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Bloomingdale's announced the makeover of its flagship 59th Street store (New York City). The store's main floor, featuring a collection of cosmetics vendors, has been fully renovated and upgraded with new technology. In addition to its current roster of cosmetics vendors, six new brands will launch for the first time at 59th Street. The transformation of the 25,400-square-foot cosmetics department is the culmination of a complete store renovation that began in 2004.
"The overall goal of 'The Biggest Makeover in NYC' was to create a floor that has the largest and most dynamic world of beauty in the city," said Michael Gould, chairman and CEO of Bloomingdale's. "What we will achieve will be the creation of a highly interactive world of beauty, the introduction of six top brands, and a beautiful and cohesive floor design."
"In addition to upgrading each vendor shop or counter, we wanted to recreate the floor in its entirety," said Jack Hruska, executive vice president of creative services for Bloomingdale's. "We've taken the cosmetics department from one large, open room to three distinct rooms. This allows us to present our brands in a much more powerful and cohesive way."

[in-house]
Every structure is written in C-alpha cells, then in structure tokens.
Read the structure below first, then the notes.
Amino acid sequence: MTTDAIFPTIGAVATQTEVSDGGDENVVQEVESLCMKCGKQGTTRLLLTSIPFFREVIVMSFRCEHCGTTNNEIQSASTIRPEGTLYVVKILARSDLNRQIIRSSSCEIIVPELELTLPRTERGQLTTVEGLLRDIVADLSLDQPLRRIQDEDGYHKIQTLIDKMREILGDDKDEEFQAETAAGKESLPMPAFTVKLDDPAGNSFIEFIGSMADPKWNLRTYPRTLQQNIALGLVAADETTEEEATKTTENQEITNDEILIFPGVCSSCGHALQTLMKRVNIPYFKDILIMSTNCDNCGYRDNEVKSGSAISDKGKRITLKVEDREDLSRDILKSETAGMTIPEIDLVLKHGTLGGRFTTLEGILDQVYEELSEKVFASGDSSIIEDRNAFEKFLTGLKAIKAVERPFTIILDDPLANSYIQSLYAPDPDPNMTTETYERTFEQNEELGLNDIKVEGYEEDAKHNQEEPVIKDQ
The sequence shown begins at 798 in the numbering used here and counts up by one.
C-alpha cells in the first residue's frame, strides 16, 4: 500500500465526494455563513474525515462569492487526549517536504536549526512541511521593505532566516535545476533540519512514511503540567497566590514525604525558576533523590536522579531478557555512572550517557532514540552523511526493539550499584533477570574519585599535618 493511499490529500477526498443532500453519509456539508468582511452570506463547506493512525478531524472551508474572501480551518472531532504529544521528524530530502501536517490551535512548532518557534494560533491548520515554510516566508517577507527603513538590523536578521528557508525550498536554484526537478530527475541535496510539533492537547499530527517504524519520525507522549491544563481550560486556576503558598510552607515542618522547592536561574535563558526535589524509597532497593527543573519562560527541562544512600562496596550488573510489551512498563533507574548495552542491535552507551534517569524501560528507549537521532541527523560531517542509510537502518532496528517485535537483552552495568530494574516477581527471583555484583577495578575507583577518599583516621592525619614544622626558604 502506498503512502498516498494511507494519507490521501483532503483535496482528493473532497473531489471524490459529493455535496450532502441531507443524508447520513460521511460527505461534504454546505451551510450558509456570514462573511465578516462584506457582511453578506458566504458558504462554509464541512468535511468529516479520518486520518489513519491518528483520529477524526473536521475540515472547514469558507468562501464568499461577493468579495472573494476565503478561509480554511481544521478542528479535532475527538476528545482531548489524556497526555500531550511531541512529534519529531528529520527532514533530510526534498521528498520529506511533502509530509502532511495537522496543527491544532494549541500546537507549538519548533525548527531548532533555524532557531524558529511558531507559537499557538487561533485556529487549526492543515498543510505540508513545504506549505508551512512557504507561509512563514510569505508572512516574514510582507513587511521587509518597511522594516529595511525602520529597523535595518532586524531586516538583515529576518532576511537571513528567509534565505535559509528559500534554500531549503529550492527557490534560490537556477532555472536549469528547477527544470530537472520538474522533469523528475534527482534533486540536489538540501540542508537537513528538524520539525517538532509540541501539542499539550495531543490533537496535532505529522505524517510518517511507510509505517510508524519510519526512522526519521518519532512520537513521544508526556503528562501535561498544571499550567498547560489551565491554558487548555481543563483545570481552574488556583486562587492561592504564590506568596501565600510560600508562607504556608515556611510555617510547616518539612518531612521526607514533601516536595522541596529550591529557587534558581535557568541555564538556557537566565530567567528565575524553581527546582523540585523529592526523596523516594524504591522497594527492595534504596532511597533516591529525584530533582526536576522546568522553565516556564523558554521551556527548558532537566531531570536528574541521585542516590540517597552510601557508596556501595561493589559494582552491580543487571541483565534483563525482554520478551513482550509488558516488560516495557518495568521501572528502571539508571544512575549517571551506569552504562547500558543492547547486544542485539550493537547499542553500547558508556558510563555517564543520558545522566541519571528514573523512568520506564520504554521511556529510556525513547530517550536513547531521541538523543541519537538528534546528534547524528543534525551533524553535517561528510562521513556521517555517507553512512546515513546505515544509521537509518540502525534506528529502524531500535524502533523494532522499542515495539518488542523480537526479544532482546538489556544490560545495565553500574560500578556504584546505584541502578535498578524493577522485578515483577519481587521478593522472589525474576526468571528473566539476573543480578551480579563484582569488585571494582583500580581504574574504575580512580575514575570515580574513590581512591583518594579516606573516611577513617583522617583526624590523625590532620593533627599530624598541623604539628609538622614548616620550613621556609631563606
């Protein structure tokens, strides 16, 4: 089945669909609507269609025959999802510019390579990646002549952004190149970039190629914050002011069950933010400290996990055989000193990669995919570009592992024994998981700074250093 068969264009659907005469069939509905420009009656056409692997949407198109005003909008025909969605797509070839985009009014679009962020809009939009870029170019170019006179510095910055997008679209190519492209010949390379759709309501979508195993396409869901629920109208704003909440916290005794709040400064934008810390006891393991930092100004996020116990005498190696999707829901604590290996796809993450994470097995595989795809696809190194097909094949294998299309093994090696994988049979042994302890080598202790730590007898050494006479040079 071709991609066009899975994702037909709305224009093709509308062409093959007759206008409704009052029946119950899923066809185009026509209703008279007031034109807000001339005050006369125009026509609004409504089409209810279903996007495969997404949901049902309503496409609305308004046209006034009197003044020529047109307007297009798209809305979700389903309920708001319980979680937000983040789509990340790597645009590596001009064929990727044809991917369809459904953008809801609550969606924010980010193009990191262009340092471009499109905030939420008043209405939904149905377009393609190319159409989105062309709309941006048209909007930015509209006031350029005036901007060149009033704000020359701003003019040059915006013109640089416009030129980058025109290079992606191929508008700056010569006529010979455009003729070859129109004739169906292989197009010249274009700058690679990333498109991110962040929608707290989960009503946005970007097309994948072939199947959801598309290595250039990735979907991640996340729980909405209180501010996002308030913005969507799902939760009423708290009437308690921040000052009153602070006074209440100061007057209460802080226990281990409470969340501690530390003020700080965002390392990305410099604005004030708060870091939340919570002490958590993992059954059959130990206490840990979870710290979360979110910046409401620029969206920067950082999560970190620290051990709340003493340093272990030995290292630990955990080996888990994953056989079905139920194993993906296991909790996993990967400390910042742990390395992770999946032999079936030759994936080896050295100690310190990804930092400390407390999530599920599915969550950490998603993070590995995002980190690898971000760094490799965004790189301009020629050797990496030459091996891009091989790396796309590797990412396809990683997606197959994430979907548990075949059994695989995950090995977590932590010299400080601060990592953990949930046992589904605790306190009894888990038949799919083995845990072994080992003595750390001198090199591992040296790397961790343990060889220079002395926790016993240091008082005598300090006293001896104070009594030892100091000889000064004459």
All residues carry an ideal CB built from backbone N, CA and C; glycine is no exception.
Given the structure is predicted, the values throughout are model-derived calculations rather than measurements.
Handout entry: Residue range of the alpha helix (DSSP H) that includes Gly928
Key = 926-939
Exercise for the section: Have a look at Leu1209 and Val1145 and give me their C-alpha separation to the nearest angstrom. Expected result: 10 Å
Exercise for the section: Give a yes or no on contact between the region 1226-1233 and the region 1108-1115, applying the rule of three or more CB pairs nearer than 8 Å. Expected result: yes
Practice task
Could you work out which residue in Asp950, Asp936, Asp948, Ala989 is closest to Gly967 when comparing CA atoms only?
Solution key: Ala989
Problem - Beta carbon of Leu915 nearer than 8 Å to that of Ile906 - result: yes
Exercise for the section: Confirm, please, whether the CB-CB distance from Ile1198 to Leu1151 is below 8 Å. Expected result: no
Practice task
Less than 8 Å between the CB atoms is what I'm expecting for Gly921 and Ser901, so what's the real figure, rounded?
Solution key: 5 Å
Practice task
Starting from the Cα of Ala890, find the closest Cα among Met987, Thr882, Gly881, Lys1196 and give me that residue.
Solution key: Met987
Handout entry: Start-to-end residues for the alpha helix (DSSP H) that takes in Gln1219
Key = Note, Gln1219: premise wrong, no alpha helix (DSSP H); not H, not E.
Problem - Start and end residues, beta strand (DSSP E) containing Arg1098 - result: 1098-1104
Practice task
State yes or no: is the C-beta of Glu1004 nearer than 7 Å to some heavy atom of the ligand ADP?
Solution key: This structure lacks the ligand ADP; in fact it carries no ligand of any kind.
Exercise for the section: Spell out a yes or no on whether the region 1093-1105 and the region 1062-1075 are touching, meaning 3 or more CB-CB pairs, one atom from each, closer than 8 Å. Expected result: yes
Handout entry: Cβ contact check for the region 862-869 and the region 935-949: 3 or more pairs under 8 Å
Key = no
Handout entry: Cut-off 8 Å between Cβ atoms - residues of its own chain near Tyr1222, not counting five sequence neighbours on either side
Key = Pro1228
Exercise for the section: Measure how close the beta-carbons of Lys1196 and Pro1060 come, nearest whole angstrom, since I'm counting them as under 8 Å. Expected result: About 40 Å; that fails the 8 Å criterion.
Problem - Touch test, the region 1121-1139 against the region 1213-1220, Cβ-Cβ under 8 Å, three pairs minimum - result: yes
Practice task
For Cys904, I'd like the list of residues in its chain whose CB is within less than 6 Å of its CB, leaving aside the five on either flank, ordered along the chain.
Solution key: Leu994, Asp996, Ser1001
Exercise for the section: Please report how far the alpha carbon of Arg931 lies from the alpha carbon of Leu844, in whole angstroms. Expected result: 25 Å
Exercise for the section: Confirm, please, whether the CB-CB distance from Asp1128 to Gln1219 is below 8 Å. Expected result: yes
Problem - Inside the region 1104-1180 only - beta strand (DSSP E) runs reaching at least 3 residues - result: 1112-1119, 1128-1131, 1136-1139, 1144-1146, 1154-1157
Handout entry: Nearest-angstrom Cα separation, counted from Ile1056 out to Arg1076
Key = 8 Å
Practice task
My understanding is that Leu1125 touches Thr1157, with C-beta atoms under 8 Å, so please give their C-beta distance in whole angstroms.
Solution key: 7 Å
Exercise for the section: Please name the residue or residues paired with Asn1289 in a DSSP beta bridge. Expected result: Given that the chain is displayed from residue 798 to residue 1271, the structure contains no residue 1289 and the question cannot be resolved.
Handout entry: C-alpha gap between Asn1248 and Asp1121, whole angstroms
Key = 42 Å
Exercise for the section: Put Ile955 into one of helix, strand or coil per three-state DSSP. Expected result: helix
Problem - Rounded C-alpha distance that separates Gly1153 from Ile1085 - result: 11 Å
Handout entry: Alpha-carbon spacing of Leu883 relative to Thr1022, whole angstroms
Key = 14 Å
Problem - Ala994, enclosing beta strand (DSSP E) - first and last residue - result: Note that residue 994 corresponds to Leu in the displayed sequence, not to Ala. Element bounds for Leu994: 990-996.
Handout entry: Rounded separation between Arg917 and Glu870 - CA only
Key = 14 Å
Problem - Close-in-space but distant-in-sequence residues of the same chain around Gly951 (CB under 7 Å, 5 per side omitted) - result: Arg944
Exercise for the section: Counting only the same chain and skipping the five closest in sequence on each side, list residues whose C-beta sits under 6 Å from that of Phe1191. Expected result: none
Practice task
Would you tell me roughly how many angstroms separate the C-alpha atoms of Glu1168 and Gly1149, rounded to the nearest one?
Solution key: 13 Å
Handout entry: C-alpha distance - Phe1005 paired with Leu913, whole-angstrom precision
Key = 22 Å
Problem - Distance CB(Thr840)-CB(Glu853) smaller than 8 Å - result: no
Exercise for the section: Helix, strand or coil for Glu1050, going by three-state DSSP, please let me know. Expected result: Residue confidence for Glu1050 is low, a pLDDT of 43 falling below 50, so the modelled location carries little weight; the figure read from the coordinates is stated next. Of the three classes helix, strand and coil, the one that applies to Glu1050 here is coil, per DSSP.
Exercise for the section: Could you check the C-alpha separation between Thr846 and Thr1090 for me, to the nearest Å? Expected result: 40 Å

The department's three rooms allow for more impactful presentations from each cosmetics resource by raising their visual area in height from 5 foot, 6 inches to 10 feet, 3 inches. A wide, black glass trim, known as the eyebrow, extends above each vendor shop to the 13-foot, 6-inch ceiling and, along with the brand's iconic black and white floors, ties the three rooms together and create a unified department. Yet, according to Bloomingdale's, each room has its own personality—one accented in white glass, one in black glass, and one in a black and silver leaf motif. Special diffusion lighting eliminates shadows on the floor, and creates a significant drop in electrical consumption, thereby allowing 59th Street to become a more energy efficient store.
By moving a portion of menswear from the main floor to the lower level, the beauty department was able to pick up an additional 4,400 square feet of space to accommodate new brands, as well as wider aisles. The design provides for larger aisles in both directions—from Lexington Avenue to Third Avenue, and from 59th Street to 60th Street—a move that increases flow and circulation on the floor. Hruska and his store design team worked with Callison RYA Studio on the design of the floor and Seaboard Construction served as the General Contractor.